In 1934, the talented, tormented Russian writer Isaac Babel informed those assembled at the inaugural meeting of the Soviet Writers Union that he had invented a new genre. It was, he said, “the genre of silence”.
This was Babel’s ironic way of highlighting oppression and censorship under Stalin. For his pains, he was thrown into a Siberian prison camp some years later and, according to some, executed shortly after. The fortunate among us living under less repressive regimes can still take inspiration from his words and strive to not write.
Consider the facts first. According to some reports, there are over two million books published every year. Stephen Hawking once came to the conclusion that “if you stacked the new books being published next to each other, at the present rate of production you would have to move at ninety miles an hour just to keep up with the end of the line.”
You’d have to move a great deal faster if you added all those essays, articles and opinion pieces to that list. Clearly, the world may be facing a shortage of many things but words aren’t one of them.
We all need to do our bit to tackle this glut, and not writing is a good place to start. It helps to recall the sentiments expressed by Dorothy Parker, who retorted that if you had any young friends who aspired to become writers, the greatest favour you could do them is to shoot them now, while they’re happy.
Then, there’s the prickly Flanner O’Connor, whose views were more extreme. “Everywhere I go, I'm asked if I think the universities stifle writers,” she once said. “My opinion is that they don't stifle enough of them.”
This art of not writing is quite different from the phenomenon of writer’s block. In the latter case, the poor writer is struggling to write, but cannot, for whatever deep-seated reason. One of the most famous examples is of the New Yorker’s Joseph Mitchell. In the '50s and early '60s, he was known as “the voice of New York” for his profiles of the city’s colourful characters. His much-praised Joe Gould’s Secret was based on one of these eccentrics.
In 1964, though, came a great silence. For the next three decades, Mitchell arrived at the magazine’s office every working day without fail and without a single article being published. Years later, his colleague Roger Angell was to recall: “Sometimes, in the evening elevator, I heard him emit a small sigh, but he never complained, never explained.”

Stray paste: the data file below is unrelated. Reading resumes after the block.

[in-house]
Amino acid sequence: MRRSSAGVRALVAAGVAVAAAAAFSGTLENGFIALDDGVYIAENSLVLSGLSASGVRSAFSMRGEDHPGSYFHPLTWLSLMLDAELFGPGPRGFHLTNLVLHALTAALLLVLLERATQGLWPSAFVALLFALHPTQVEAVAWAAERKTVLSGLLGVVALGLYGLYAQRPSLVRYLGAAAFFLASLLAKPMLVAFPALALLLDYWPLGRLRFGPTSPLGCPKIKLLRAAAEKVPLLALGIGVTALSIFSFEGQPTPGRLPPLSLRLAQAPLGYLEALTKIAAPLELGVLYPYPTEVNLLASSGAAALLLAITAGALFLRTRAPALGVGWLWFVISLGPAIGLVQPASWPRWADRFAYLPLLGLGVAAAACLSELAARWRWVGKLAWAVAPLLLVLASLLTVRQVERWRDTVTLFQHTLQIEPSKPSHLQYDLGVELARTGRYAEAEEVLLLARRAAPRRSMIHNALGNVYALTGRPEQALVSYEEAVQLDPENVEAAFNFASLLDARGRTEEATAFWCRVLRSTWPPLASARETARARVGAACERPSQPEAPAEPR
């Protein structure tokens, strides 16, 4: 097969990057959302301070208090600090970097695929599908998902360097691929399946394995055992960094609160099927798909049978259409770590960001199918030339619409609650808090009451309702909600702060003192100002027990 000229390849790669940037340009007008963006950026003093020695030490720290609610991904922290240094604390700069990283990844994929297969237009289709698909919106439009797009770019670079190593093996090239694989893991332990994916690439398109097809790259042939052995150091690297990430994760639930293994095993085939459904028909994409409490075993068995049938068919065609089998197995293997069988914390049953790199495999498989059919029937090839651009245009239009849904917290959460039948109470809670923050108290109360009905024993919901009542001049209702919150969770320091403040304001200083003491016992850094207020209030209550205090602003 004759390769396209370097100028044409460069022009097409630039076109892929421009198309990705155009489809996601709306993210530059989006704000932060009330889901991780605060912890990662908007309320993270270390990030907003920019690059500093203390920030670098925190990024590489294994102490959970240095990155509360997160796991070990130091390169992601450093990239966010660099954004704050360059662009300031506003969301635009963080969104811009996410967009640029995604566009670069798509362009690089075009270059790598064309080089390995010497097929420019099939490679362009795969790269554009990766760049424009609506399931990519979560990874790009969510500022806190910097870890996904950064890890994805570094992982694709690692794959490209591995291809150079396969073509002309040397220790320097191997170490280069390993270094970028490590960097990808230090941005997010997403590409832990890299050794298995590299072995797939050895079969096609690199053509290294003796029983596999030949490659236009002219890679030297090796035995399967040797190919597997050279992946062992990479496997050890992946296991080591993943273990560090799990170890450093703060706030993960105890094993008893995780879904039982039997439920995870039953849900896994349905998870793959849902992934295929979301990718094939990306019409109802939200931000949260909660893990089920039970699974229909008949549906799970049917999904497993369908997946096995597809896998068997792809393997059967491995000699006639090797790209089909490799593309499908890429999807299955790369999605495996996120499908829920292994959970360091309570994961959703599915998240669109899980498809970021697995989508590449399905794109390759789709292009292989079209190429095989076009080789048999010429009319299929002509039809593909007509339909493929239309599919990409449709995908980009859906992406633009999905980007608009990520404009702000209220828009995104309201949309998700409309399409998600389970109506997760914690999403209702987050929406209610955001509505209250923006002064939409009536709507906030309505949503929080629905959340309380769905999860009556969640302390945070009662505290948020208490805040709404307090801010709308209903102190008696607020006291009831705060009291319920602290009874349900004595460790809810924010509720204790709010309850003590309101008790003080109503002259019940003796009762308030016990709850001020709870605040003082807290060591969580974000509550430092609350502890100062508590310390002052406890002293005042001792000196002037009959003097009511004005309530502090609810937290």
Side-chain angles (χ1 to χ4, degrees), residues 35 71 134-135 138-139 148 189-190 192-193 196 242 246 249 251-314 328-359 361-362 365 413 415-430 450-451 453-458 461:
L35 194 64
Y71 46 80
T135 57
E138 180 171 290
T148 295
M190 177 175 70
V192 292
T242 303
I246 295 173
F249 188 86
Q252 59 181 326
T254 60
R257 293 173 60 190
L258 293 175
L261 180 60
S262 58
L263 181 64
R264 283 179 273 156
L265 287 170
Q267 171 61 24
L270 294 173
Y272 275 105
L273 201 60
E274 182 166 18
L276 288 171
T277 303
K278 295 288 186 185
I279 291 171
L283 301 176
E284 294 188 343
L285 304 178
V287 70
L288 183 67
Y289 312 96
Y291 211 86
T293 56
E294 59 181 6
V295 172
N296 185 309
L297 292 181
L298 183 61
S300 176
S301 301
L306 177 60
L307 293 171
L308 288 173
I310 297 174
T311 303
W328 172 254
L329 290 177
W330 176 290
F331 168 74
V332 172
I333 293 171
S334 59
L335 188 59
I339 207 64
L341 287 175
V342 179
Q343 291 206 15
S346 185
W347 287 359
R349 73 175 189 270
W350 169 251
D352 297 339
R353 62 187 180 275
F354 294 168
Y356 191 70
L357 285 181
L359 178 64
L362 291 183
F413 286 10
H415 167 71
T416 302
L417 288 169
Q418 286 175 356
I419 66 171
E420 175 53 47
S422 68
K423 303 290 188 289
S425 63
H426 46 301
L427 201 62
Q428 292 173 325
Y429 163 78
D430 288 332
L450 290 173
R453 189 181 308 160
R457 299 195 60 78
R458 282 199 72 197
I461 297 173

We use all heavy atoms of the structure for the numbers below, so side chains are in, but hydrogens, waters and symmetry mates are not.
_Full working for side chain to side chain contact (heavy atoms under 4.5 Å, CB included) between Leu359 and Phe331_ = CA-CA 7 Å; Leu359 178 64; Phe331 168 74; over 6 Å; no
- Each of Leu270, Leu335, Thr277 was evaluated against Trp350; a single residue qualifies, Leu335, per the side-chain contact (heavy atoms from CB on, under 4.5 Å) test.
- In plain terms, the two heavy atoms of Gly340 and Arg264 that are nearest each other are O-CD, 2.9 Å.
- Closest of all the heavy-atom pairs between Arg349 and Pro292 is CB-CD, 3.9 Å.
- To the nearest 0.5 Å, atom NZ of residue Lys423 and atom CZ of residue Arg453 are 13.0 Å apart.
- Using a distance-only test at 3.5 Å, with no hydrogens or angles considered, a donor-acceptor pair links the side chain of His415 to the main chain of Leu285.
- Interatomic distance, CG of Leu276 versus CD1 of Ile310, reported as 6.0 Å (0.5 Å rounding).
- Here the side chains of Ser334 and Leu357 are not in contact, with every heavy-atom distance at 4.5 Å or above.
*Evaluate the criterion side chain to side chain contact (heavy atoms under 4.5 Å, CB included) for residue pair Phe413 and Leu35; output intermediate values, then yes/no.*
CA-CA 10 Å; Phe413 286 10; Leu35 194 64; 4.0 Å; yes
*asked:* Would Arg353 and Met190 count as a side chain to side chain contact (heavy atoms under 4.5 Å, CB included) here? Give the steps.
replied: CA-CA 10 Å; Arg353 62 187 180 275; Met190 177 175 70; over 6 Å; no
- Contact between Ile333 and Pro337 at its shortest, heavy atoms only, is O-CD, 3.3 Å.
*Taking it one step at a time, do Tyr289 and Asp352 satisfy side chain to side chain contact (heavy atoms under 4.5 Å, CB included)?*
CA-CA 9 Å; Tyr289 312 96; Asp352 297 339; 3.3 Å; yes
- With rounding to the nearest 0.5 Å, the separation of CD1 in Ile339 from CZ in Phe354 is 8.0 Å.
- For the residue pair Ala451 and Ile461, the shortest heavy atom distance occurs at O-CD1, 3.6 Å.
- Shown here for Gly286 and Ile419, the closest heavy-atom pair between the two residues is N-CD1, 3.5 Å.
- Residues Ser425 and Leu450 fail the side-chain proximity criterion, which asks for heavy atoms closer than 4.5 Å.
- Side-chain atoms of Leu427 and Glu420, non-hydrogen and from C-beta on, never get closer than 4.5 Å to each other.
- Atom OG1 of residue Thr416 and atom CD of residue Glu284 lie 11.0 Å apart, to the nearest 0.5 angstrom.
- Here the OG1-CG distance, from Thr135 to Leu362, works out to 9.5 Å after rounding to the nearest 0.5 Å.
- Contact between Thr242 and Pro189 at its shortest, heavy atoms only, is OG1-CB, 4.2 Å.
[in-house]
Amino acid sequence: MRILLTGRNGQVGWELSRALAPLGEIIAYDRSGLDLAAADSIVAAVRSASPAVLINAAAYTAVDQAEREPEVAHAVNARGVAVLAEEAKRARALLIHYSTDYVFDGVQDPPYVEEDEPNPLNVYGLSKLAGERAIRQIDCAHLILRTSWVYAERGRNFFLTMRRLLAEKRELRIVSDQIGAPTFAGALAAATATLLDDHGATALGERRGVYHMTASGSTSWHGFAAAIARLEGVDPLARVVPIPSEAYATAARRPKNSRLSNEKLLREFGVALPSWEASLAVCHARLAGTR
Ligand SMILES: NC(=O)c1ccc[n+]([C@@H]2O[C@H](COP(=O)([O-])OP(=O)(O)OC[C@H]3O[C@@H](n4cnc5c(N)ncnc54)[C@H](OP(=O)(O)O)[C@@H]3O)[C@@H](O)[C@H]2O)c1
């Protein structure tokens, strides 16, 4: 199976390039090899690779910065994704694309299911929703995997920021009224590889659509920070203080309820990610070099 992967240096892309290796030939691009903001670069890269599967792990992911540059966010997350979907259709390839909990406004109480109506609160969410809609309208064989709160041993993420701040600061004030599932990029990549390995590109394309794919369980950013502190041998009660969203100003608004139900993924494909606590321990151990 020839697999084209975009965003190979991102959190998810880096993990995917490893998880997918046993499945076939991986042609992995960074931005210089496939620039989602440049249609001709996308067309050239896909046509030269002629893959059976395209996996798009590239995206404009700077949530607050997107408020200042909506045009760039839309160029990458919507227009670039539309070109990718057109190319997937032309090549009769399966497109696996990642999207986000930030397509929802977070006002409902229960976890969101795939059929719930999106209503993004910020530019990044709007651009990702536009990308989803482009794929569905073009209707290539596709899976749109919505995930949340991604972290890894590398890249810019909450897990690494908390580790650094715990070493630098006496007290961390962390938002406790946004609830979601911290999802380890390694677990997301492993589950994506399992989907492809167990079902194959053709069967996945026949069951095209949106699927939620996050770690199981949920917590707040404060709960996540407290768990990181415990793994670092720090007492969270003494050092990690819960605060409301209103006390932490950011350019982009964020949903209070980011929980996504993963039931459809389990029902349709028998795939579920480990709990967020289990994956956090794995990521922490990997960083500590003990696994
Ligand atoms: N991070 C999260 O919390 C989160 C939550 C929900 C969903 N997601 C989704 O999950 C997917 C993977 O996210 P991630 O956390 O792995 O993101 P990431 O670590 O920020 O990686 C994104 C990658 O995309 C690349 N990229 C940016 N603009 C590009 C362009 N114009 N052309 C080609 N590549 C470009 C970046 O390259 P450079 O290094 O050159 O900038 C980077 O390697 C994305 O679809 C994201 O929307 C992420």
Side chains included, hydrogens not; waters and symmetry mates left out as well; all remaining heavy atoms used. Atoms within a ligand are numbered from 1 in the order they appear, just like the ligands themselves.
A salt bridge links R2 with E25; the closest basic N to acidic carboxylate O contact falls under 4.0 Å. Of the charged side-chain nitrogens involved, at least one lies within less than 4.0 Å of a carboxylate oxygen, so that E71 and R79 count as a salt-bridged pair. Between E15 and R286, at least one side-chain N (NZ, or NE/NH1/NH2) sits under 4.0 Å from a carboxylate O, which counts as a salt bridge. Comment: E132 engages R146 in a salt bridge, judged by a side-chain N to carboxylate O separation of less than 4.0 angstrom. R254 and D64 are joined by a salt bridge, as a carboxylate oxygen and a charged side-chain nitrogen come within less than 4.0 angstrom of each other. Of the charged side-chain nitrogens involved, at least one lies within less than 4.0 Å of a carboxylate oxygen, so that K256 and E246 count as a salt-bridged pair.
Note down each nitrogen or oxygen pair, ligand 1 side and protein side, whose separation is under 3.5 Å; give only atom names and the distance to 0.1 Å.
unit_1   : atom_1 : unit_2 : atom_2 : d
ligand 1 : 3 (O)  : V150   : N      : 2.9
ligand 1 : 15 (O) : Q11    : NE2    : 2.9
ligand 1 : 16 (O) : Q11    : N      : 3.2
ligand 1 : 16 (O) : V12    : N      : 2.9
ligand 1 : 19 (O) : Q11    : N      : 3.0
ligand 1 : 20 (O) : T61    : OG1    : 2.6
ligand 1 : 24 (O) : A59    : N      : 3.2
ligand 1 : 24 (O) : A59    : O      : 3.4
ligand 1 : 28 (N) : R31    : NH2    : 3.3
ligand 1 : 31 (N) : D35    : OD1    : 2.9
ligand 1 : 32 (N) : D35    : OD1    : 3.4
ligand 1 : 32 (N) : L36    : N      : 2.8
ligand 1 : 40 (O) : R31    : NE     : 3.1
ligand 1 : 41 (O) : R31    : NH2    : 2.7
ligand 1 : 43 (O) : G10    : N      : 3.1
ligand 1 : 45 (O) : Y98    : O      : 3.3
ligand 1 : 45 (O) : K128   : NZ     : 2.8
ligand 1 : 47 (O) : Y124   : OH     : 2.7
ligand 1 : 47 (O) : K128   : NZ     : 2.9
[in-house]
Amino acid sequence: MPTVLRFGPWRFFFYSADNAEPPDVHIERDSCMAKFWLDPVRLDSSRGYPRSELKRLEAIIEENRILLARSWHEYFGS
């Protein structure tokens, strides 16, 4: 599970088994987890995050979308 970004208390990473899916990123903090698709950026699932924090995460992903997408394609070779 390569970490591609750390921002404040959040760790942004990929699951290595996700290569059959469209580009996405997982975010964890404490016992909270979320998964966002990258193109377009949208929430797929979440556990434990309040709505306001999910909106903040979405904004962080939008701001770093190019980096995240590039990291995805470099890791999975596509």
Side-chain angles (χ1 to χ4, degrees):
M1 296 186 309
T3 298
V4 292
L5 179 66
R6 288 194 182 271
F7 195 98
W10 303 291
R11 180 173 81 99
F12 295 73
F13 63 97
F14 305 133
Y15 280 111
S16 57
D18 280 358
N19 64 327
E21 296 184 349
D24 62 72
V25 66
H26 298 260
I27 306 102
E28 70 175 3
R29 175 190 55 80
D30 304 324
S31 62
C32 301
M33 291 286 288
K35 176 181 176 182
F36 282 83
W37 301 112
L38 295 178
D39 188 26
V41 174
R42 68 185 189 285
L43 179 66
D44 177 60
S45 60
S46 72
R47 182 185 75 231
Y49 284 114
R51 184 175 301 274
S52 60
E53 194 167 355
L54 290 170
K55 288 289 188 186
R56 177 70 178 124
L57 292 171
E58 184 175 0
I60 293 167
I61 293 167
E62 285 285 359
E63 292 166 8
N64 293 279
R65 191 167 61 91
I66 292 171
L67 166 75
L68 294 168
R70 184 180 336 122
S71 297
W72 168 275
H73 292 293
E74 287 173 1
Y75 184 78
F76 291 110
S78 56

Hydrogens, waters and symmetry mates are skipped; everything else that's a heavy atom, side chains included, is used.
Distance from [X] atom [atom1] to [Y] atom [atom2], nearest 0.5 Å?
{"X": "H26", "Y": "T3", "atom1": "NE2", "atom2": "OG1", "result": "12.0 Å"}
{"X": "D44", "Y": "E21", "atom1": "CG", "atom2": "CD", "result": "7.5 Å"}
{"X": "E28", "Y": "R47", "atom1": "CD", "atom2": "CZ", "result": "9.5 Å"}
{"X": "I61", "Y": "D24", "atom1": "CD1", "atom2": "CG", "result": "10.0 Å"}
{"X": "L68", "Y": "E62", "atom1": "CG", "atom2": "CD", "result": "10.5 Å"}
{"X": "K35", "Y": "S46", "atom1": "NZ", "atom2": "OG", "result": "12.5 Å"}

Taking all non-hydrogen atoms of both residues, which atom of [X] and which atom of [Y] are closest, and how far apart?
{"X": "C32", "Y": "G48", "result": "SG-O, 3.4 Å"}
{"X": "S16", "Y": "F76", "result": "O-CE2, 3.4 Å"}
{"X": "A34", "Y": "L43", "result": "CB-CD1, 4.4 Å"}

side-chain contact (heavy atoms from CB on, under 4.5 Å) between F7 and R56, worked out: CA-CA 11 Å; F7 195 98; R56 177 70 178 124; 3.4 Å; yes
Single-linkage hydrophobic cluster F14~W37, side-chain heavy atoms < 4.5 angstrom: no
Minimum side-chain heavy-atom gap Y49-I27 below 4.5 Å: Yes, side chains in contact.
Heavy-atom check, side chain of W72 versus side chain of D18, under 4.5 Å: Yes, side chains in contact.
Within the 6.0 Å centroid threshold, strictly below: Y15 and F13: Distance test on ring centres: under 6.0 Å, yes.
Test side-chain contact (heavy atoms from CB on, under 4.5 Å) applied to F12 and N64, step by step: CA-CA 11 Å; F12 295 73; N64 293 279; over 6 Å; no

Nowadays, however, the intention should be to not want to write in the first place. The art of losing isn’t hard to master, wrote Elizabeth Bishop in her famous villanelle, and the same can be said for the art of not writing.
In a piece for McSweeney’s, author James Drummond offered some excellent tips. For a start, don’t write about what you don’t know – and don’t write about what you know, either. That should work for most people. The rest can sit about waiting for inspiration, which may or may not arrive. If it does, you can interrogate the Muse closely instead of getting down to work.
He goes on, in words that may sound harsh, but do the job: “Monitor your self-talk. If you are having positive thoughts, replace them with negative ones.” As a reward for not writing, you can always shop for a cart-load of books on how to structure a book, craft a scene, or create a character. These can further keep you from writing for a while.
Soon, you too will be able to say, in the words of the wonderful poem by Anne Boyer: “When I am not writing I am not writing a novel…I am not writing a scandalous memoir…I am not writing thank-you notes or apologies…I am not writing book reviews. I am not writing blurbs…I am not writing a history of these times or of past times or of any future times and not even the history of these visions which are with me all day and all of the night.”
Despite all this, if you’re determined to go ahead, you’re in good company and shouldn’t let anyone – least of all me – tell you what to write about and how. It’s worth keeping in mind though, that those in charge would be only too happy to distract you from their failures. So, don’t hold back. Bear witness. Hold the powerful to account. Be it fiction or non-fiction of any length or genre, make those words count and make a difference. Otherwise, there’s always Babel’s new genre.